>     - activities
>     - events
> Cheers,
> Luc
> -----
> Revised section 5.1
> -------
> In PIDM, an entity construct is a representation of an identifiable
> characterized thing.
> An instance of an entity construct, expressed as entity(id, [ attr:
> val, ...]) in the Provenance Abstract Syntax Notation:
> - contains an identifier id, denoting a characterized thing
> - contains a set of attribute-value pairs [ attr: val, ...], representing
>    this characterized thing's situation in the world.
> The assertion of an instance of an entity construct , entity(id, [ attr:
> val, ...]), states, from a given asserter's viewpoint, the existence of an
> identifiable characterized thing, whose situation in the world is represented
> by the attribute-value pairs, which remain unchanged during a
> characterization interval, i.e. a continuous interval between two events in
> the world (which may collapse into a single instant).
> Example: <same example>
> ... states the existence of a thing of type File and location /shared/crime.txt,
> and creator alice, denoted by identifier e0, during some characterization
> interval.
> Further properties:
> - If an asserter wishes to characterize a thing with same attribute-value pairs
> over several intervals, then they are required to assert multiple entity
> assertions, each with its own identifier.
> - There is no assumption that the set of attributes is complete and that the
> attributes are independent/orthogonal of each other.
> Cheers,
> Luc
> On 09/01/2011 05:32 PM, Provenance Working Group Issue Tracker wrote:
> > PROV-ISSUE-85 (What-is-Entity): Definition of Entity is confusing,
> > maybe over-complex [Conceptual Model]
> >
> > http://www.w3.org/2011/prov/track/issues/85

> >
> > Raised by: Graham Klyne
> > On product: Conceptual Model
> >
> > See also:
> > http://lists.w3.org/Archives/Public/public-prov-wg/2011Aug/0383.html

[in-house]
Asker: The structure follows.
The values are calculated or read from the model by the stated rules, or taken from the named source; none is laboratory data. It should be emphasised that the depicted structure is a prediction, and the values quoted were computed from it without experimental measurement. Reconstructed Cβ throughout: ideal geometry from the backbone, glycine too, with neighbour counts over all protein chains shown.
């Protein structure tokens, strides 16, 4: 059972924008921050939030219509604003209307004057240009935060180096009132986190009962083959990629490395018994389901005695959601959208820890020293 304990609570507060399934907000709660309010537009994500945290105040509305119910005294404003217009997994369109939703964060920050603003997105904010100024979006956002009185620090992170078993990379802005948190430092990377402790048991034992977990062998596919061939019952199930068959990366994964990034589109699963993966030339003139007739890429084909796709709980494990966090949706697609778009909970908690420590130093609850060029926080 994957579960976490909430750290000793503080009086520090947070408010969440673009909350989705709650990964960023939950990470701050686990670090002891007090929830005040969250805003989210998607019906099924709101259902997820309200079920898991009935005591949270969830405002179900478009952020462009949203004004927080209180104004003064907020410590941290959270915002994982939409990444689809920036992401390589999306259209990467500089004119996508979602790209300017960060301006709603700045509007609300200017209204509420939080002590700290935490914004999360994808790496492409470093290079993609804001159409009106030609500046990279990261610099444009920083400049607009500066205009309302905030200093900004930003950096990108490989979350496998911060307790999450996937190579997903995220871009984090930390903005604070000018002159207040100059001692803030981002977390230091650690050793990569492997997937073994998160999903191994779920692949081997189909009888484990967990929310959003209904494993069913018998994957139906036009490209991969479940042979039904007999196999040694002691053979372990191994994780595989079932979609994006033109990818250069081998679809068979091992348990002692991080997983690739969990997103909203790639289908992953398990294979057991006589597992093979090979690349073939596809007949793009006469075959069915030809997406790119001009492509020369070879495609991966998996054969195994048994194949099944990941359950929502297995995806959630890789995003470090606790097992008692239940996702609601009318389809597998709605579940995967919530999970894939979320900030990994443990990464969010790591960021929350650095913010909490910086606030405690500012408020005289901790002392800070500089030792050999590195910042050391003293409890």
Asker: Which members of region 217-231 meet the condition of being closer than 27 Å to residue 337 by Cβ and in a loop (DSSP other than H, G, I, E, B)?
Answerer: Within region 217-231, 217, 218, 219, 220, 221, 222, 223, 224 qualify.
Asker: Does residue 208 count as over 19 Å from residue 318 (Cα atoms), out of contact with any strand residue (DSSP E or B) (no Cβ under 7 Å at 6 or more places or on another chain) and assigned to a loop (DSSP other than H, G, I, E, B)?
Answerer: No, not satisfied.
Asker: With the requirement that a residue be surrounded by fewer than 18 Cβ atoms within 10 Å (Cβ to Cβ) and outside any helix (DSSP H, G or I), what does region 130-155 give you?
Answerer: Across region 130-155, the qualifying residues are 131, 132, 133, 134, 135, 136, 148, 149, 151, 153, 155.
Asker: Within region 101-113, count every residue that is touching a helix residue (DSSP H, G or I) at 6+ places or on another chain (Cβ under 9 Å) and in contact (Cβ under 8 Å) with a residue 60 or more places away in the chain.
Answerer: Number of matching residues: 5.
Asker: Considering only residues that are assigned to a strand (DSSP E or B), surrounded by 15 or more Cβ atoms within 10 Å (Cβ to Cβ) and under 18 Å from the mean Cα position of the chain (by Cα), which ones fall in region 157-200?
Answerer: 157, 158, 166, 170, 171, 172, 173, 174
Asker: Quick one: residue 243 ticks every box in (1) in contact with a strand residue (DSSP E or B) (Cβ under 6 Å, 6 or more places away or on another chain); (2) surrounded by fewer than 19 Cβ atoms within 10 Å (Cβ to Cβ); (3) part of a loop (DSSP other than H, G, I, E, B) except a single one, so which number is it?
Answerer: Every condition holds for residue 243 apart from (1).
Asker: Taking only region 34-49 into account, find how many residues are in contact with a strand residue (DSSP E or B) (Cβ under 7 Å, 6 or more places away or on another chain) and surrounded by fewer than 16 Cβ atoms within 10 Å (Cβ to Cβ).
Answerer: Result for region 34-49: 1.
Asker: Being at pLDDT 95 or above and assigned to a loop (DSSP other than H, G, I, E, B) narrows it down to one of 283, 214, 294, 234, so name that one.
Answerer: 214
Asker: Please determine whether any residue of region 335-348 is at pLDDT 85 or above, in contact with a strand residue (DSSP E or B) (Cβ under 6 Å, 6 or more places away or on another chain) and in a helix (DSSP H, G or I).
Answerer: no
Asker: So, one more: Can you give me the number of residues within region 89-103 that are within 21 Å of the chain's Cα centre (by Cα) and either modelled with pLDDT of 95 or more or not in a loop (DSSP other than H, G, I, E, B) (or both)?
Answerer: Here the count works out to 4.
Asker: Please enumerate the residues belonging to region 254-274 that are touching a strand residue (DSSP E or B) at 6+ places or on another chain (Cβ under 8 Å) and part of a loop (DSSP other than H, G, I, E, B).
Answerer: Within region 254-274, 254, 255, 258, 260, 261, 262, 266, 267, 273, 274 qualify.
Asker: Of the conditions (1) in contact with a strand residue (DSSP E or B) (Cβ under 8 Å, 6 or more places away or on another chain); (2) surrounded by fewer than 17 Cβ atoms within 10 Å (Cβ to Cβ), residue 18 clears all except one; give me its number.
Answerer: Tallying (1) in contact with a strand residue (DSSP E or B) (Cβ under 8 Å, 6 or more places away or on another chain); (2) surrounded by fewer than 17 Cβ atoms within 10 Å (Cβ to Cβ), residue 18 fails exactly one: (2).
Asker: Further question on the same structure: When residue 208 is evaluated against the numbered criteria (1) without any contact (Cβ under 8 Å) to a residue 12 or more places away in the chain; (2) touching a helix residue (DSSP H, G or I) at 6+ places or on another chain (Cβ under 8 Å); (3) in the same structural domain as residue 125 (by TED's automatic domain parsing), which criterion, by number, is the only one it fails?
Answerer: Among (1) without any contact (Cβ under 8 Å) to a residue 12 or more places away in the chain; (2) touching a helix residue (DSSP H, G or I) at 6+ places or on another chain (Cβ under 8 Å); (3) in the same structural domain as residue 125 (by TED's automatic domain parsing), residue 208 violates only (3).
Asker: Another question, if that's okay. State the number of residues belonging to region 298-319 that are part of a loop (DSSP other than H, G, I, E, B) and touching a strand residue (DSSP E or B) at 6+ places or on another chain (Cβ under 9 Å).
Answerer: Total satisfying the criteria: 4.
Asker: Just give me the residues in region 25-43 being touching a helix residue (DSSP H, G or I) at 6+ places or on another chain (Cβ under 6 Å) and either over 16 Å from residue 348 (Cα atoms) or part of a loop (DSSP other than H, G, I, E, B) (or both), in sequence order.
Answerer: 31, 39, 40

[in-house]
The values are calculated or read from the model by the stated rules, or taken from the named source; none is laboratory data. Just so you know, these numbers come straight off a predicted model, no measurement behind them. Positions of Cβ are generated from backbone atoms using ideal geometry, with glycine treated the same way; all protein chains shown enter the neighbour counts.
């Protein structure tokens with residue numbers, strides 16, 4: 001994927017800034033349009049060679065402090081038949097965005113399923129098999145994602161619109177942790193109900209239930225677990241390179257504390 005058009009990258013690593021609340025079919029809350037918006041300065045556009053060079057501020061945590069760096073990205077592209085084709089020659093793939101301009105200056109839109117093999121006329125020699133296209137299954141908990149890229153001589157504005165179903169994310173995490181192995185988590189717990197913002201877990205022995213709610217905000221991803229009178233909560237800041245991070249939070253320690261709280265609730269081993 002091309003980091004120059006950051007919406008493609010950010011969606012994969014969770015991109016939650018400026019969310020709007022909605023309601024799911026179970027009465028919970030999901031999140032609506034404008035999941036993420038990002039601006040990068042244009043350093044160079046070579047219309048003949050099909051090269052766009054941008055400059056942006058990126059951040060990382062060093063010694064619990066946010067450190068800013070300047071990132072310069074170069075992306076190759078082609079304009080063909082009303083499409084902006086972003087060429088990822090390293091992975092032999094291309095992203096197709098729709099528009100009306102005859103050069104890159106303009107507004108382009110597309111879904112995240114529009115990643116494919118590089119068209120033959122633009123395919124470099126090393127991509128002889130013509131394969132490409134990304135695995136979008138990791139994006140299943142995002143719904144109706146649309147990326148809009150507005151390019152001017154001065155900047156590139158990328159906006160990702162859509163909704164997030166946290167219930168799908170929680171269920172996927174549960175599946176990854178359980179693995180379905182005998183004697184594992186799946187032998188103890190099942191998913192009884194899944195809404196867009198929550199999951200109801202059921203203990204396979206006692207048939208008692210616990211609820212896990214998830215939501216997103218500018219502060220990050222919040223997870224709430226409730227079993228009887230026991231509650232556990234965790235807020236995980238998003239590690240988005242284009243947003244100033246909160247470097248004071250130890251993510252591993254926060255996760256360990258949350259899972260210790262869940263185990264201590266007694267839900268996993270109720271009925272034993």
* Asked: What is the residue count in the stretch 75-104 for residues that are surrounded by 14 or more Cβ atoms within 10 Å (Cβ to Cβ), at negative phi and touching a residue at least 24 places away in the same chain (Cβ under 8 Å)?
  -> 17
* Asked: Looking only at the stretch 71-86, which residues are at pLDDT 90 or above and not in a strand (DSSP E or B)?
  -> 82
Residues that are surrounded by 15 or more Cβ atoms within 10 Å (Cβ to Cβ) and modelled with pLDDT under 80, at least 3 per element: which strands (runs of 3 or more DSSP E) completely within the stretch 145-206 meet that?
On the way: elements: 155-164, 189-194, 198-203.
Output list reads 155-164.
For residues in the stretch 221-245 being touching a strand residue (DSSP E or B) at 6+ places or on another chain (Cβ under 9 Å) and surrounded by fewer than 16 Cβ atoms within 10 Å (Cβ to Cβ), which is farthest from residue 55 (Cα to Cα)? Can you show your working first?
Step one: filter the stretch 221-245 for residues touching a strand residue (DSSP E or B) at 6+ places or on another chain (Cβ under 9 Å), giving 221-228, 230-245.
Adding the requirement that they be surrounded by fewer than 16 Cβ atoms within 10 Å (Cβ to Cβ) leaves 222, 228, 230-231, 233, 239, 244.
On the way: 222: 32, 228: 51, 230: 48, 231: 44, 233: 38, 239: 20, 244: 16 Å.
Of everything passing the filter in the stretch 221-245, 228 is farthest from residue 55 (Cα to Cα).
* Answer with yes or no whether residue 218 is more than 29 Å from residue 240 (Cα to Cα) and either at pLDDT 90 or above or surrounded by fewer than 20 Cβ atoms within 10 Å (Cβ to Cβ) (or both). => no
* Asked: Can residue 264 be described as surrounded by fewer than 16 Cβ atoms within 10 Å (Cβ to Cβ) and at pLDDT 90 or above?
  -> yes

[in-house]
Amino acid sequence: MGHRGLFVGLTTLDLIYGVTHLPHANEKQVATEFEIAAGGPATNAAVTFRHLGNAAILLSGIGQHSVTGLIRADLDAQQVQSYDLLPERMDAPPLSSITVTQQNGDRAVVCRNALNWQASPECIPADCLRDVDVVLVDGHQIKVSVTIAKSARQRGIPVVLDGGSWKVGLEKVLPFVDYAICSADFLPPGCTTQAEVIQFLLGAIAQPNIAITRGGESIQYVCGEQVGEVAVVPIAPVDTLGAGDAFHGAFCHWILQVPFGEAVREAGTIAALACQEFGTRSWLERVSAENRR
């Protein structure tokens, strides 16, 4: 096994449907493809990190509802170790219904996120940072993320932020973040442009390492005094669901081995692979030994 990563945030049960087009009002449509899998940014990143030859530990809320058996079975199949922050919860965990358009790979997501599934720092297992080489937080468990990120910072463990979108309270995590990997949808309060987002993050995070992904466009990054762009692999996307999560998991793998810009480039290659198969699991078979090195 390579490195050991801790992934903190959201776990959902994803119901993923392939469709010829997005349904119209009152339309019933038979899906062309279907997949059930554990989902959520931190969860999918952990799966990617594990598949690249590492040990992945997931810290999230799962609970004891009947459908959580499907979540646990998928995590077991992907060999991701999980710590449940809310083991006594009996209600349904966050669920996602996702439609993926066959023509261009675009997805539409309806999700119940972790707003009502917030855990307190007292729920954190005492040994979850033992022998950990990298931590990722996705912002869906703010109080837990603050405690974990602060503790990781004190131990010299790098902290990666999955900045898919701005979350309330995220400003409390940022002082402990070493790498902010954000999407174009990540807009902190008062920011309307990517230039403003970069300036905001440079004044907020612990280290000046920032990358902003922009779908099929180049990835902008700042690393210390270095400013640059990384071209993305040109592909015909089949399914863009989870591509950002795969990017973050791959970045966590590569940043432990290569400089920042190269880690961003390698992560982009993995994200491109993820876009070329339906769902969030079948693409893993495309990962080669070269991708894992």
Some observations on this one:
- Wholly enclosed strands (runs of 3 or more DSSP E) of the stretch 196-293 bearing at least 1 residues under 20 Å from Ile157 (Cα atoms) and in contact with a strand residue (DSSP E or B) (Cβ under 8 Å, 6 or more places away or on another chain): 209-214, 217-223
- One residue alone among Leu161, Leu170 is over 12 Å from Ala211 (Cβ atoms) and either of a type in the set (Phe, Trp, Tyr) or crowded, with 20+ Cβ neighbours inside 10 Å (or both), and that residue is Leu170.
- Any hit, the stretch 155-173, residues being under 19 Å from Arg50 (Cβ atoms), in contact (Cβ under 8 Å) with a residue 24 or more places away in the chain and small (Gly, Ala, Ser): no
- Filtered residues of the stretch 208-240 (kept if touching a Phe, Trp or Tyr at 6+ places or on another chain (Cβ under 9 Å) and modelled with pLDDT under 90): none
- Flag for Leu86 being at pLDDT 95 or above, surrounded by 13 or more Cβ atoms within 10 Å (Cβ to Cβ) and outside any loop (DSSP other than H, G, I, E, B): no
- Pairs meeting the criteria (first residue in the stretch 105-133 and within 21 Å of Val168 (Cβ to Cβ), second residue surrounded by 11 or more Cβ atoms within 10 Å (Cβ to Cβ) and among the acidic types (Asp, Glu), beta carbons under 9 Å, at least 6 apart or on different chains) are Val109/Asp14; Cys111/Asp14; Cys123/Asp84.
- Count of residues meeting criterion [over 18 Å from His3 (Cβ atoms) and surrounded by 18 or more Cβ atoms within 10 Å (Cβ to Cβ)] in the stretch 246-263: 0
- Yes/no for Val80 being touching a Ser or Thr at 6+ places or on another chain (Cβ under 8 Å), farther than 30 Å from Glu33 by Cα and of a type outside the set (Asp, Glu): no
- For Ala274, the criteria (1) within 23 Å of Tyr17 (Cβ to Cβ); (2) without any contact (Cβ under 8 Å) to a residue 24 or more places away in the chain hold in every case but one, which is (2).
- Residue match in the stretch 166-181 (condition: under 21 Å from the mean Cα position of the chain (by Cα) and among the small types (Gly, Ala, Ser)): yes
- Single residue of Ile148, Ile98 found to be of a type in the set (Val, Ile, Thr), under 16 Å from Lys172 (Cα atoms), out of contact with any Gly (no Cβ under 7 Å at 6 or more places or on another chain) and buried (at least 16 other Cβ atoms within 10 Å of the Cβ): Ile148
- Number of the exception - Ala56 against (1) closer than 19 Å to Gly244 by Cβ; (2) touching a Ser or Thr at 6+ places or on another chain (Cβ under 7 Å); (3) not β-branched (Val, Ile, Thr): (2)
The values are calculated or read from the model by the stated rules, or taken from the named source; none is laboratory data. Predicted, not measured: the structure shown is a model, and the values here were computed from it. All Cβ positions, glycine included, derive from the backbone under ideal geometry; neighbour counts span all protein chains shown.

> >
> > Section 5.1.
> >
> > The definition of "Entity" seems to introduce un-needed complications.  I
> don't see anything here that fundamentally distinguishes an entity from
> anything that can be named, i.e. a web resource.
> >
> > I don't see what useful purpose is served by the insistence on
> "characterized thing".
> >
> > This section seems to spend more effort describing "entity assertion" is is
> apparently a different concept, but not formally part of the model.  There is
> some sense that an entity must have associated entity assertions... but I
> can't see why this is needed, and indeed it may be not possible to enforce
> this idea in RDF's open world model.
> >
> > There's been talk of Entities being part of the occurrent vs continuant
> distinction, but I'm not seeing that explained.
> >
> > Suggest:  why not just have an entity as an identifiable thing, and build the
> rest around that?  What would break with this approach?
> >
> >
> >
> >
> --
> Professor Luc Moreau
> Electronics and Computer Science   tel:   +44 23 8059 4487
> University of Southampton          fax:   +44 23 8059 2865
> Southampton SO17 1BJ               email: l.moreau@ecs.soton.ac.uk
> United Kingdom                     http://www.ecs.soton.ac.uk/~lavm


Received on Tuesday, 6 September 2011 14:54:11 UTC